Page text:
Lásky jedné plavovlásky (Loves of a Blonde) is a hybrid film. It brilliantly walks the thin line between bitter and sweet, between understated tragic situations and moments of comic relief. It is a feature film, but one organised like a documentary. Its main concern is not to follow the development of a dramatic plot or a character, but to employ its sequences to shed light on a number of social issues. The film is also hybrid in its casting, mixing professional actors – Vladimír Pucholt (Mila) and Vladimír Mensík (the leading soldier seducer) – and non-actors – Hana Brejchová (Andula) and Milada Jezková (Mila’s mother).

The themes developed by Loves of a Blonde involve the social perception of sexual relations, pop culture and workers’ alienation in communist Czechoslovakia. Every episode of the film depicts and comments on them. Andula, “the blonde”, is the film’s investigative instrument. She is also, at the same time, a product of her world, a witness and a rebel. Her perspective is one of the multiply oppressed: a runaway child from an abusive family; a young woman exposed to gender prejudice and predatory seduction practices; and a member of a working class administered by a callous managerial and political apparatus.

The rise of pop and youth culture, social rebellion and sexual liberation were the hot social phenomena of the 1960s in both Eastern and Western Europe. Forman’s film presents their particular Czechoslovak version and variation. Shot in 1965 and released in 1966, Loves of a Blonde’s finding is that in spite of the Communist Party’s talk of radical social transformation, Czechoslovak culture is comically retarded. While the West’s dance halls are roaring with The Rolling Stones’ “(I Can’t Get No) Satisfaction” (released in 1965), the workers under communism still dance to grandmother’s polkas or to the tamed jazz rhythms of the fifties. The early 1960s Beatlemania has not infected the Communist Bloc yet, and the Bloc’s musical production has not been revolutionised by the emergence of the electric guitar.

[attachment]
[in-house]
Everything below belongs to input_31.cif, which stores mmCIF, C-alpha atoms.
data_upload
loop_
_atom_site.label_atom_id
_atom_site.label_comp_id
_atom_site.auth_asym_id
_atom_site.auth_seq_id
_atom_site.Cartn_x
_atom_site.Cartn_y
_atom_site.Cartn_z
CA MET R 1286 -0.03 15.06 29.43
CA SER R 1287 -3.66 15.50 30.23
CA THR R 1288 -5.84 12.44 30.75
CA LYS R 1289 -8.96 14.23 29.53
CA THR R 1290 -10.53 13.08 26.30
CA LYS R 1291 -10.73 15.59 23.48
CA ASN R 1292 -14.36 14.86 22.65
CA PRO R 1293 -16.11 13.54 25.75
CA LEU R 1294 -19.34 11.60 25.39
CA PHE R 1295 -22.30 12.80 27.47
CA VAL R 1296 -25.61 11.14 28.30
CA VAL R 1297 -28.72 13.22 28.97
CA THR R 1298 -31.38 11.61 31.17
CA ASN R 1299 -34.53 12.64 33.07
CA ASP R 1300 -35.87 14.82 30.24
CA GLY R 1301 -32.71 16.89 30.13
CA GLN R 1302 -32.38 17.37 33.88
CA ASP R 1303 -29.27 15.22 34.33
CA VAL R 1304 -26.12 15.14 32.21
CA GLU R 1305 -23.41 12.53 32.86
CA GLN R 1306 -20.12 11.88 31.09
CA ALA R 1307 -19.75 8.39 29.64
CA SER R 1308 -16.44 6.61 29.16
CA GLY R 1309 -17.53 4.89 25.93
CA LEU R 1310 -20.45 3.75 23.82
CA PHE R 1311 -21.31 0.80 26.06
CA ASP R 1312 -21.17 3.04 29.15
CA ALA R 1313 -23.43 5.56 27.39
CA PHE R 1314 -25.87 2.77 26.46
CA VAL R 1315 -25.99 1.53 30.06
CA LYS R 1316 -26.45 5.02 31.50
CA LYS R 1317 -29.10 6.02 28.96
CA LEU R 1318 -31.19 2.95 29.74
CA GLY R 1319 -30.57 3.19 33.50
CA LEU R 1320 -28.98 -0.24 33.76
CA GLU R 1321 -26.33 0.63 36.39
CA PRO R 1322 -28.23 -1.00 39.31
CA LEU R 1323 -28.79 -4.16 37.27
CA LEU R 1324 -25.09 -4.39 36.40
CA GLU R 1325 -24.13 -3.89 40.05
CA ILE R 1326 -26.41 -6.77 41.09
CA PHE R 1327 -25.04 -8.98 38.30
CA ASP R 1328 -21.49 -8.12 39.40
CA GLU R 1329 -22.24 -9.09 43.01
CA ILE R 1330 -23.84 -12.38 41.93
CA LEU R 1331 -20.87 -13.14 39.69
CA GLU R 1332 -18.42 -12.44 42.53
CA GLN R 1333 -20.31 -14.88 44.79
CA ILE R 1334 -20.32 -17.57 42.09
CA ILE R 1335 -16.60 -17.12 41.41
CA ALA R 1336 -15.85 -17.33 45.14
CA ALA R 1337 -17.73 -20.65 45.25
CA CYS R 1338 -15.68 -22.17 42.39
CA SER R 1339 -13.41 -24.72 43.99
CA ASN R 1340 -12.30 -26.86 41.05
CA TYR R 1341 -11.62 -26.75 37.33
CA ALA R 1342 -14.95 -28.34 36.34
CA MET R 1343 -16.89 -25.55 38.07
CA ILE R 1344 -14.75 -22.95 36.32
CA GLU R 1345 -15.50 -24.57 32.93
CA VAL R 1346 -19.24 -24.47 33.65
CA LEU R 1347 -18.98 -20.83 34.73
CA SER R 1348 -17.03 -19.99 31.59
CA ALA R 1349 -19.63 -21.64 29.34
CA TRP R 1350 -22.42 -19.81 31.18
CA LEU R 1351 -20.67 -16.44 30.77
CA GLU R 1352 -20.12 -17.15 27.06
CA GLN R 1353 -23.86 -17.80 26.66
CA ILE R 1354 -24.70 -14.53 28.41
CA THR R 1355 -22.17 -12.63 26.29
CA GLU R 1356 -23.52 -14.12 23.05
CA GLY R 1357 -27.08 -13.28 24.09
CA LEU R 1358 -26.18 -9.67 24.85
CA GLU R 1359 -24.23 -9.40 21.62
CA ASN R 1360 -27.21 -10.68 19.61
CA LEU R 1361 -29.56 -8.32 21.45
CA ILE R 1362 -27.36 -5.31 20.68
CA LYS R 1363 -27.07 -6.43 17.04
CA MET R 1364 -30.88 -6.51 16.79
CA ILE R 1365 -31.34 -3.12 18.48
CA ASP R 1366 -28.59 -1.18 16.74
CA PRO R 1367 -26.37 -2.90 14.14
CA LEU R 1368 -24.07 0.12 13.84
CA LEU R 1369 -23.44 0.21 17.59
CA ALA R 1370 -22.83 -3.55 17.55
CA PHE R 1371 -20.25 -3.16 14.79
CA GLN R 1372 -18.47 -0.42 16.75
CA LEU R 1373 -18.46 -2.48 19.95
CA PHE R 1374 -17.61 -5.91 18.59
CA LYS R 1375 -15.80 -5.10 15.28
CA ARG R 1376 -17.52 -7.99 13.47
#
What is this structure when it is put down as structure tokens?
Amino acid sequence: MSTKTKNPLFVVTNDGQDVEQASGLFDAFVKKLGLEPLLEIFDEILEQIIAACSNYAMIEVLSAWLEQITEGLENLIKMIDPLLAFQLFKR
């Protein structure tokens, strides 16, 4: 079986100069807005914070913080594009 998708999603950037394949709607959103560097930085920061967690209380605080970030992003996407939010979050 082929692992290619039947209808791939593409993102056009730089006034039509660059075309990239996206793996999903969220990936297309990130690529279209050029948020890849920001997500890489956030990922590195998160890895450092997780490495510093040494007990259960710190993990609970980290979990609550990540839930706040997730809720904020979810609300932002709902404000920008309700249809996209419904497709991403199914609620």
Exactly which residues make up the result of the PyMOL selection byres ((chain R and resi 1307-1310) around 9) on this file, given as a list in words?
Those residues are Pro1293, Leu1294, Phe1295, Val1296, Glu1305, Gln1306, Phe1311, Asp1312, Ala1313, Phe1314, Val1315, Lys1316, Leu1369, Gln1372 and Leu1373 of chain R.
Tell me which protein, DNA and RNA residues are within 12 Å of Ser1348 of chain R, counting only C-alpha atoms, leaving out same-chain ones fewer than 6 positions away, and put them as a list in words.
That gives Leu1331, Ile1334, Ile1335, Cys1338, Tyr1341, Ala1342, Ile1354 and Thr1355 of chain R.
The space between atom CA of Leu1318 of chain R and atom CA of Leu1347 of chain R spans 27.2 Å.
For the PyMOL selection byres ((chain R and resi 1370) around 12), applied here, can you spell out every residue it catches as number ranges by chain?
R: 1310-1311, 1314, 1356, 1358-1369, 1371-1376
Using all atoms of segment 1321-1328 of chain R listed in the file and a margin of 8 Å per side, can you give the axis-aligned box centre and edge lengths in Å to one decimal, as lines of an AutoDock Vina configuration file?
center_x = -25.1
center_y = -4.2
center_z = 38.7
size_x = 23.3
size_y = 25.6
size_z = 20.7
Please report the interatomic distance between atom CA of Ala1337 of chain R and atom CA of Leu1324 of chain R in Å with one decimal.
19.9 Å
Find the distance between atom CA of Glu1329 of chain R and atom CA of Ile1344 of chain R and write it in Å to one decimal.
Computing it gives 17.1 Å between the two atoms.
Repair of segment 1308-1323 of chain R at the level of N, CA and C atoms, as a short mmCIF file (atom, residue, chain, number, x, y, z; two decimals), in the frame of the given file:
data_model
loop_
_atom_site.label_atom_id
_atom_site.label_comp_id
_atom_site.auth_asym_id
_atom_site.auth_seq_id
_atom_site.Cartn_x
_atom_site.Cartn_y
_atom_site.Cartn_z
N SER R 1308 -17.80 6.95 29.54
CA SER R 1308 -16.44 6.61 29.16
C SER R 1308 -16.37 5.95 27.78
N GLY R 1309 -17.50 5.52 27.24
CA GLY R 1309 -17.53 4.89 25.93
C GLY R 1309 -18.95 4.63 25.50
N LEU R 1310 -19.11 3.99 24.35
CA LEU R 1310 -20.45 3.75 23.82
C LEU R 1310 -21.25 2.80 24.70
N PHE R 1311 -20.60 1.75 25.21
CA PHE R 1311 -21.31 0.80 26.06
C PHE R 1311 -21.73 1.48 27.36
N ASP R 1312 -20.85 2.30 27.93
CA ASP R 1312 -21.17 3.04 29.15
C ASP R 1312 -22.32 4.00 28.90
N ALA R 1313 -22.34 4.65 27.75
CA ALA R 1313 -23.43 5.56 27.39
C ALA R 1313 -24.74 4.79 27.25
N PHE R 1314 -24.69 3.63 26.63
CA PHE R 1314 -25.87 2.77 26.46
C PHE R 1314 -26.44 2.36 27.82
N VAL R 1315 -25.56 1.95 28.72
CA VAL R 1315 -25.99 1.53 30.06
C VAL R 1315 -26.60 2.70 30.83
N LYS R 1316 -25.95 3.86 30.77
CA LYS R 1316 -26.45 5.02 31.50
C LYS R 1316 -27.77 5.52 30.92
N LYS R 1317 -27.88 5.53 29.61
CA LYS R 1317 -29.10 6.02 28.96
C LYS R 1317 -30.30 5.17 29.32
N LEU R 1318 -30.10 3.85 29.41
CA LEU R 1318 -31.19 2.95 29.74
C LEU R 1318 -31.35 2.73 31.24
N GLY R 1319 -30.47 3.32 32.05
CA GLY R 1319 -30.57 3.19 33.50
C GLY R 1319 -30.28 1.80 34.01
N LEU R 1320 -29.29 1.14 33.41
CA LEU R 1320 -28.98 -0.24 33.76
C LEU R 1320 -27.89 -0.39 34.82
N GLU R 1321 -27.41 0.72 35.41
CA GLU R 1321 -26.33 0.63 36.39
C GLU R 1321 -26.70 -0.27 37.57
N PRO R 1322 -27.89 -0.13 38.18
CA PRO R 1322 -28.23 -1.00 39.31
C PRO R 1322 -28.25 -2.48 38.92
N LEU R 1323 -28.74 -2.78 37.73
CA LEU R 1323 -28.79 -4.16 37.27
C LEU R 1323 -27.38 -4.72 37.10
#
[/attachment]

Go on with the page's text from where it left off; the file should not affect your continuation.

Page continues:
This is not to say that, as US-sponsored Cold War propaganda had it, beat music and rock ‘n’ roll were genuine expressions of freedom and democracy. Critics of the Western culture industry, who saw in pop music only a seductive apparatus of social control, might have even appreciated the Communist Bloc’s efforts to protect its working class from “the corrupting agitation” of rock ‘n’ roll. Forman’s film, however, suggests that the Communist Bloc’s efforts to protect its youth from these brainwashing rhythms engendered only sterile isolationism. Socialist democracies behind the Iron Curtain were not able to foster a believable alternative youth culture that could carry the emancipatory impulses of the younger generation. In Loves of a Blonde isolation is tantamount to the rule of the old (1).